I have written on occasion that obtaining grants can be a
way to augment your operations should you need additional funding in some
areas. But if you just go out looking for grants because you are short on money
and need to fix problems internal budgeting problems, you are going to come up
short. There are not many organizations willing to hand out money to fix your basicproblems.
However, you can kill two birds with one stone, so to speak,
by partnering with one of your business units in trying to help them solve a techncial
problem that is likely to get grant
funding. This, in turn, could free up your budget dollars if your business-unitpartner can get grant funding for their issue.
As an example, let's say your social service agency wants to
help reduce homelessness, and the homeless shelters in your area lack computing
resources to perform administrative functions. Together, all three groups form
a partnership to create a data collection system for the shelters where the
information regarding their homeless population gets entered into a centralized
system managed by the social service agency for statistical purposes. Once this
concept is agreed upon, you can then look for grants that might pay for such athing.
So, if you are looking to fund the above project where do
you start? First, you need to decide if you want to go for government money or
foundation money. The rules of the game are a bit different for the two. While
governments have to be fair and equitable and treat everyone the same, foundations
play by their own rules. This may or may not work in your favor. Foundation
grants often require less paperwork than government grants, and they can grant
funds at any time. Government grants are usually fixed to a fiscal year and have
definite application periods. But foundations can be fickle, and they can havecriteria that you may not be able to accommodate as a government entity.
Government grants are more structured and methodical and
have strict rules regarding the process and, of course, the administration ofthe grant. However, the playing field for obtaining these grants is relatively level.
Besides thinking about what type of granting organization
you are going to go looking for, you need to know if you are in the position to
do any matching. Matching grants often require a 1-1 match dollar per dollar,
or in-kind contribution. So there is no point in looking at that 10 million
dollar matching grant if you or your partners (always best to partner andcollaborate) cant come up with the match.
Once you have made those kinds of preliminary decisions
you need to carefully study the requirements and deadlines for potential
grants. Your modus operandi in this case is to determine if you can do the
amount of work that is required to prepare the grant (and run it, if awarded)
by the deadline given. Sometimes your answer will be no. It might be a great
grant opportunity, but you just cant make the time investment to produce aquality proposal.
Also, make sure that, as part of your reading of the
requirements, you look closely at eligibility requirements. They can change
from year to year, and often federal grants have additional requirements added
to them if the money is funneled through a state agency. Also look forgeographic restrictions.
The two types of granting bodies also advertise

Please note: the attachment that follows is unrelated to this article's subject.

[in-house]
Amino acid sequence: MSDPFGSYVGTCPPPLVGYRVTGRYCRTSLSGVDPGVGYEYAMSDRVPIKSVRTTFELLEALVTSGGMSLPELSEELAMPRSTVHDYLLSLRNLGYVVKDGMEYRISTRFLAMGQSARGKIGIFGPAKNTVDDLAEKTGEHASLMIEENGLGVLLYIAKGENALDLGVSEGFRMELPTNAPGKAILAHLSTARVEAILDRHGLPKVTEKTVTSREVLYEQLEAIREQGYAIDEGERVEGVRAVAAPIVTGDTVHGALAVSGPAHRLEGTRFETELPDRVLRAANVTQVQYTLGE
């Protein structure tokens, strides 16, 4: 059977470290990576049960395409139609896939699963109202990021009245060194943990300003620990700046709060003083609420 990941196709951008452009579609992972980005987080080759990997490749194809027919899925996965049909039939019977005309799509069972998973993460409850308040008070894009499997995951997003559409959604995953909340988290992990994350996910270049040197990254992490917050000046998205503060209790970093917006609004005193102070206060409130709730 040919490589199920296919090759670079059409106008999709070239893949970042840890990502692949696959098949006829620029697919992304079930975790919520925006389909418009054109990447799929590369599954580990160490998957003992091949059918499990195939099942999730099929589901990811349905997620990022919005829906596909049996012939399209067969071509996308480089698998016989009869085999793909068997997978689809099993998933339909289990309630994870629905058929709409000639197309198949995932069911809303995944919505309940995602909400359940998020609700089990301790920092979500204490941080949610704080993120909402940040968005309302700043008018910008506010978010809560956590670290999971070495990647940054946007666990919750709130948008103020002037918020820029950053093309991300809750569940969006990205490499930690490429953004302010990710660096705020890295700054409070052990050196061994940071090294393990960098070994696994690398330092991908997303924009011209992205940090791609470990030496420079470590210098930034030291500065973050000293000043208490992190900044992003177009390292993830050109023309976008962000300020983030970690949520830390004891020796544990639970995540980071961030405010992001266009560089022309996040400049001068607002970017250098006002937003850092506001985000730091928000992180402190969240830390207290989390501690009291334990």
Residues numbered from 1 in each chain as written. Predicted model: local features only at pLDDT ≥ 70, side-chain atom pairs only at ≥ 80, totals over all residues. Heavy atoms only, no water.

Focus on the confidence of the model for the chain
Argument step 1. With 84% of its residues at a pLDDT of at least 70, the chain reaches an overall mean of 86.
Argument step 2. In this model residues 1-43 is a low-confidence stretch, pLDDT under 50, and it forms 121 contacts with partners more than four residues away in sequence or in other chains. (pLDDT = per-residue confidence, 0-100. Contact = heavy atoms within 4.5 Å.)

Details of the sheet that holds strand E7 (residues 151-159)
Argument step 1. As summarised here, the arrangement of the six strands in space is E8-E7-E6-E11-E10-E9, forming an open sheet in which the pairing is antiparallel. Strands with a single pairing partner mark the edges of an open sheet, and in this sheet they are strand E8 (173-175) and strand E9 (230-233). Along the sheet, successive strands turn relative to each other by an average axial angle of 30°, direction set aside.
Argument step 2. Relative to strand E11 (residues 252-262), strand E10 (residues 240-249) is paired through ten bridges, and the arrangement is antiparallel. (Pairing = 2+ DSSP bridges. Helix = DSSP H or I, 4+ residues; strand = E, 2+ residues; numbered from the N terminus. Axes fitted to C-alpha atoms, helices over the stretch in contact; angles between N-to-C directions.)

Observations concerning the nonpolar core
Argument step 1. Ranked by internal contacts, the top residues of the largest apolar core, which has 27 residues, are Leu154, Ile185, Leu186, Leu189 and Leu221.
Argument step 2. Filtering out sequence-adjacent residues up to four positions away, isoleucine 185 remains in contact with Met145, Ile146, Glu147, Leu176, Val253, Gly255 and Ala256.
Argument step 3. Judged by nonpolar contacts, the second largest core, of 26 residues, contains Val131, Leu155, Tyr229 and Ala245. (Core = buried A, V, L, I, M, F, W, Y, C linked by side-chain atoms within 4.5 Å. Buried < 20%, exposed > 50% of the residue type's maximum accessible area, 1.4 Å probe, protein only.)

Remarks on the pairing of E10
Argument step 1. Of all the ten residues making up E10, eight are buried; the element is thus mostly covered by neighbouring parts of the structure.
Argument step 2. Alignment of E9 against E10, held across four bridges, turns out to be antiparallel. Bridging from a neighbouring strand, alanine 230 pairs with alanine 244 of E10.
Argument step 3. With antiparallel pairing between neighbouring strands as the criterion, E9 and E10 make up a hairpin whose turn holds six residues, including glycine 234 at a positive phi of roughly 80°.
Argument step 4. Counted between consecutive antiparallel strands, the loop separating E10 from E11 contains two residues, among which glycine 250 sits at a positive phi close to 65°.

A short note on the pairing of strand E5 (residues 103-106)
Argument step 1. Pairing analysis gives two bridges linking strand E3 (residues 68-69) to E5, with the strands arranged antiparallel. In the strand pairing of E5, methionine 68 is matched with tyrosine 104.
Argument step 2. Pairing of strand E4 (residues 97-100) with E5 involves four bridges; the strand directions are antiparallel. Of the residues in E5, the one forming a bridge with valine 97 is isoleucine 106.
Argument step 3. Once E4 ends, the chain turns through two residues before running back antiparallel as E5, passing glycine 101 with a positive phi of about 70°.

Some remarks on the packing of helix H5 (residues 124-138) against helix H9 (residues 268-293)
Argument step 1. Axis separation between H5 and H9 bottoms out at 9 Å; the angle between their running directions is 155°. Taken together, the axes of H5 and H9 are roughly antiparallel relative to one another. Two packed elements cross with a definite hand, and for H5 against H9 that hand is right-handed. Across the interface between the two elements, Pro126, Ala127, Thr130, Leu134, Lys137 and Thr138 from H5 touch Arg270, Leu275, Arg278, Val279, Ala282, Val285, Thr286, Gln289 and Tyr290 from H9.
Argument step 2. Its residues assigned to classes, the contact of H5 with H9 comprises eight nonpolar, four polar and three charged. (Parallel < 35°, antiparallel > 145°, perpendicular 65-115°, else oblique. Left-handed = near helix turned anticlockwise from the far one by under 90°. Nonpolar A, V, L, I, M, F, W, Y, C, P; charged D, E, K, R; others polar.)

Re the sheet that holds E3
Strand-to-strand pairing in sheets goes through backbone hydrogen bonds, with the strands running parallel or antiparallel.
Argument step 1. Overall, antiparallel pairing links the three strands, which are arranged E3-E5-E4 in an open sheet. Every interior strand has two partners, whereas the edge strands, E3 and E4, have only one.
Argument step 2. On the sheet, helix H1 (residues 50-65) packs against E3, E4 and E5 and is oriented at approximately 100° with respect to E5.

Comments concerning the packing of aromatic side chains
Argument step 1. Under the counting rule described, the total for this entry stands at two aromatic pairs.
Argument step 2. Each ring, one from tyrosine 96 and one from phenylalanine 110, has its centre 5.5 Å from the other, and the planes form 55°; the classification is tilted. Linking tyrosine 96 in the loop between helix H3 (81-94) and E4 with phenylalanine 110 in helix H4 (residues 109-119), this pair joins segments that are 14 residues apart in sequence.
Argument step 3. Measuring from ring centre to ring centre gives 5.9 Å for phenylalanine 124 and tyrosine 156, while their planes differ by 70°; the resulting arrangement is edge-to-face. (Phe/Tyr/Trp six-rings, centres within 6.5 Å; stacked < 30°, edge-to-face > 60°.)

opportunities differently. Governments usually announce their grants through a
Request for Proposal (RFP). Foundations have a variety of ways for publicizing
grant requests. In fact, foundations may not call for a full-blown proposal at
all, but instead may request a letter of inquiry. A letter of inquiry is often
harder to do than a full blown proposal because it has to be brief (usually no
more than three pages). That means you have to communicate your need, your
proposed solution, and your qualifications for implementing the solution veryconcisely.
If you havent gotten the hint by now, obtaining a grant is
hard work and like most projects, the 80/20 rule applies. In this case,
obtaining a grant is 80% planning and 20% writing. If at all possible, work
with an experienced grant writer if you havent written one before. It willgreatly increase your chances of creating a good proposal.
However, if you do not have the luxury of working with someone
with experience, there are ways of getting up to speed. Most large
organizations offer in-house grant writing training. If you are part of a
smaller organization, many colleges and universities offer these courses as part
of their continuing education programs. And of course there are books and the
Internet. Grant Writing for Dummiesis an excellent book to get you started:
The Internet has a plethora of resources on grant proposal
writing including this short course on proposal writing from the Foundationhttp://fdncenter.org/learn/classroom/prop_budgt/index.html
Participating in grant writing can strengthen your
relationship with your business units and help extend your already limited
funds. I personally believe that every government IT staff should have a
dedicated grant writer, whether in house or assigned to them from another department.
Doing so can be the difference between being able to service only some of yourclients needs or going much further in helping them to do their business.
IT staff often do not think that grant writing is in their
realm of possibilities, but smart government IT management knows that effective
grant writing can add immensely to their capabilities. And anyone can write a
grant; you dont have to be an English major you just have to have a problem
to solve, a solution to propose, and the willingness to do the work to preparethat proposal.